the whole world that they are “civilized”. In the same way, only a greedy fool
would fall for a scam that that millions of dollars is waiting for him in some
poverty stricken country or even relatively potentially resource rich country in
Bishop Kukah: One Letter Too Many.
By Adamu Tilde
I earlier mentioned, there’s more to this animosity. It is
historical and has always been the rallying-point of appeal to the
sentiment of ‘the psychology of minority’ (my apologies, Semiu). I
have no problem with what Bishop Kukah believes to be History. I am
worried because of Bishop’s
of historical facts or evading them, as the case may be, or being
economical with the truth, casting aspersions here and there, all of
which smack of snobbery, mischief and utter malice.
Tribute To The Nigerian Military. By Max Gbanite
The Nigerian Military has participated in
several if not all peace-support efforts in troubled parts of the world
under the auspices of the United Nations; and is the backbone of the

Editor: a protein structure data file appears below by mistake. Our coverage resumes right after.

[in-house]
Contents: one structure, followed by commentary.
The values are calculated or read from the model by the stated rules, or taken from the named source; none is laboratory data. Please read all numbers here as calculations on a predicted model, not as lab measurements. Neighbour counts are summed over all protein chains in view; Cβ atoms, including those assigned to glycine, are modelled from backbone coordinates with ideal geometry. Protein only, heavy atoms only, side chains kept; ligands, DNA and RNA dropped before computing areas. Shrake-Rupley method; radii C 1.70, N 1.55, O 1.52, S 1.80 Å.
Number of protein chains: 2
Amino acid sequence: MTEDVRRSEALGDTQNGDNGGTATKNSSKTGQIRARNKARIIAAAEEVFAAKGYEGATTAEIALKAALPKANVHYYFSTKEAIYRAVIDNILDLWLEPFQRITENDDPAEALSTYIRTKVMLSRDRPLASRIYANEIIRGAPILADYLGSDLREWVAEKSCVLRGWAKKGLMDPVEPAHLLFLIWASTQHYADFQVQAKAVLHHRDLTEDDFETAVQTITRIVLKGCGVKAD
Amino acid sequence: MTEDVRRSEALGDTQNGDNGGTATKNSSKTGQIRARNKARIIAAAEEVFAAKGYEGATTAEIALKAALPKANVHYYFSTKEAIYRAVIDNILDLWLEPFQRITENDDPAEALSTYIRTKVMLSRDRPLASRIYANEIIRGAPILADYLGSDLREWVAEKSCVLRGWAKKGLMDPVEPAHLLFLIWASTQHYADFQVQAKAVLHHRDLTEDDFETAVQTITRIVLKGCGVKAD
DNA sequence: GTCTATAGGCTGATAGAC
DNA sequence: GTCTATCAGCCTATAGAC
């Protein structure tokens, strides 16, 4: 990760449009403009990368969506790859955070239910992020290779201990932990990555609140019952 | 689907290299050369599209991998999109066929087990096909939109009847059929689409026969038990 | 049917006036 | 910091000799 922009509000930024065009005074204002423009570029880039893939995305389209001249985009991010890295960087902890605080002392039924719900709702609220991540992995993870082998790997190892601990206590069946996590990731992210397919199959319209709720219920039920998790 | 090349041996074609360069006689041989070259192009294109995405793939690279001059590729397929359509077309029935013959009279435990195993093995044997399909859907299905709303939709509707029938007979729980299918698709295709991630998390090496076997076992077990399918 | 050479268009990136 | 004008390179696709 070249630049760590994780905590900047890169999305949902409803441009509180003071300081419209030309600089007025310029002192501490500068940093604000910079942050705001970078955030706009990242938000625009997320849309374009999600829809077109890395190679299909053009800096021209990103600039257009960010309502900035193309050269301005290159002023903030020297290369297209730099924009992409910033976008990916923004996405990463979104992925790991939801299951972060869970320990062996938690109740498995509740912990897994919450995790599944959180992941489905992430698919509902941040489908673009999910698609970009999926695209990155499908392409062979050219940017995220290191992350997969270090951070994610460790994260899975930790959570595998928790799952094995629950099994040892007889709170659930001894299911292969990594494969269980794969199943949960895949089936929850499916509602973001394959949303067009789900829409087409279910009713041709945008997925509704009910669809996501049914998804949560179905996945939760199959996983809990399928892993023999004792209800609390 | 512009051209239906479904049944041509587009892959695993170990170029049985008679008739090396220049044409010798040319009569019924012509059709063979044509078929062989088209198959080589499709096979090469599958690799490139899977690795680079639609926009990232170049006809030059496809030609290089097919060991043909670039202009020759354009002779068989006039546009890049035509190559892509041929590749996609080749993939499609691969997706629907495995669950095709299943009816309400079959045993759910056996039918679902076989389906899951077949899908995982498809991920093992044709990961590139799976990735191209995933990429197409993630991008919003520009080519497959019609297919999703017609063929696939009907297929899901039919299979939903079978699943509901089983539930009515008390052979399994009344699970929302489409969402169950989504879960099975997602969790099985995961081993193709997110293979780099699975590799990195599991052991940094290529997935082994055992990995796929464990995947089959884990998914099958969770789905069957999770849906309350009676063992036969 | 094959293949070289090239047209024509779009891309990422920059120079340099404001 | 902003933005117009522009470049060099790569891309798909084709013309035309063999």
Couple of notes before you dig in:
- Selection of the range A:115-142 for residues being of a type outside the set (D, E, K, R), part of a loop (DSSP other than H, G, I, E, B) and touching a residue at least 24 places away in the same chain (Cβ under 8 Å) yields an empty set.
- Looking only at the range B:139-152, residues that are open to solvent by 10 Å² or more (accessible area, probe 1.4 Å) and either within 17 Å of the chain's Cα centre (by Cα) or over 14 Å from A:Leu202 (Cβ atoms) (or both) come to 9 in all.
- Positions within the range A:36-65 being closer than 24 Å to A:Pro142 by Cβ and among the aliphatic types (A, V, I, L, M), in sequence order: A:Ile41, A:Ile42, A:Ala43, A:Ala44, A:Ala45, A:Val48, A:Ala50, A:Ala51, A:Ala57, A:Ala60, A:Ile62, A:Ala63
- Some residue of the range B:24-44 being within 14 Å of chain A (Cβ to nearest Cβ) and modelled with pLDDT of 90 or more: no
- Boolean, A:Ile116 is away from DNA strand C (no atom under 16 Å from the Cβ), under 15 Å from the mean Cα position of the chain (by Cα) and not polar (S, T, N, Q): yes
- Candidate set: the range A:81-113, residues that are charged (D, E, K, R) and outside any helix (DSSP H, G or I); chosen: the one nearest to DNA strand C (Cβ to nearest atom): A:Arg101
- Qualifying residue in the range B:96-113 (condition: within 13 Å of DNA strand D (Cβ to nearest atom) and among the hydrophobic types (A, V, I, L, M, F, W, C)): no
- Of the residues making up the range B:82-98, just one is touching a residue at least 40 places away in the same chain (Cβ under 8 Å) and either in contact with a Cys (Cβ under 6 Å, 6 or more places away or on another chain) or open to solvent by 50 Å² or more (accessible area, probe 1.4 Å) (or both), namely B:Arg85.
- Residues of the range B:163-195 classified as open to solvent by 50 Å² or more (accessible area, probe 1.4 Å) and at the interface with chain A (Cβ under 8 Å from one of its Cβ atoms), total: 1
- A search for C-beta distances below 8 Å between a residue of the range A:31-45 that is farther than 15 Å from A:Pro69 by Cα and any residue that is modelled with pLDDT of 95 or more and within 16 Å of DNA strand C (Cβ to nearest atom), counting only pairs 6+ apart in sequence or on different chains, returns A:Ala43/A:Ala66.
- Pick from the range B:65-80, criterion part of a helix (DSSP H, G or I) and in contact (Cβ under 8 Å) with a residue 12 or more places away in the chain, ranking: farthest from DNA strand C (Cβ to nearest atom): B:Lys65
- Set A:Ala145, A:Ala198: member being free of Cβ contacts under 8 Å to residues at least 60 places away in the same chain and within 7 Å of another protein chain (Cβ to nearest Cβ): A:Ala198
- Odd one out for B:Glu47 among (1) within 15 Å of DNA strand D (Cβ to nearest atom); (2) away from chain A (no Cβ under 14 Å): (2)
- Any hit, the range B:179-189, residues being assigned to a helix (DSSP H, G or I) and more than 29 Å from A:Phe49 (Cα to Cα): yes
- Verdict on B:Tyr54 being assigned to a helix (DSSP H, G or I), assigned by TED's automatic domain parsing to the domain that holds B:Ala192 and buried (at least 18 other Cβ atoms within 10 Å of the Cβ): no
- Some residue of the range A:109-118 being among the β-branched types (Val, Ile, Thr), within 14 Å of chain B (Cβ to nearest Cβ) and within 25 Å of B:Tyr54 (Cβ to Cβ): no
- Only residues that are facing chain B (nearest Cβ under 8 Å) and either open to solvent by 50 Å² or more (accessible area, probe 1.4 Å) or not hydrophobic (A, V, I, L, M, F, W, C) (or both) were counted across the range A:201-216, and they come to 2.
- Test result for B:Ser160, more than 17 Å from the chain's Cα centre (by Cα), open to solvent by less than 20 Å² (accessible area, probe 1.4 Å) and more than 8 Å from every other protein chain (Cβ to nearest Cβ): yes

Economic Community of West African States force, code named ECOMOG. It
acted as the main trajectory force supported by other West African
forces in ending the hostilities in Liberia and Sierra Leone
(1985-1999). The Nigerian Military is one of the best ranked (in terms
of structural and tactical discipline) armed forces in the world. On the
international scene, they have performed creditably.
Biafra Cannot Stand. By
Farouk Martins Aresa
It must be
started that Igbo are not the only ones that want to leave Nigeria,
there is a general agreement that most Nigerians are tired and do not
care if the Igbo leave. The Hausa were lured into Nigeria with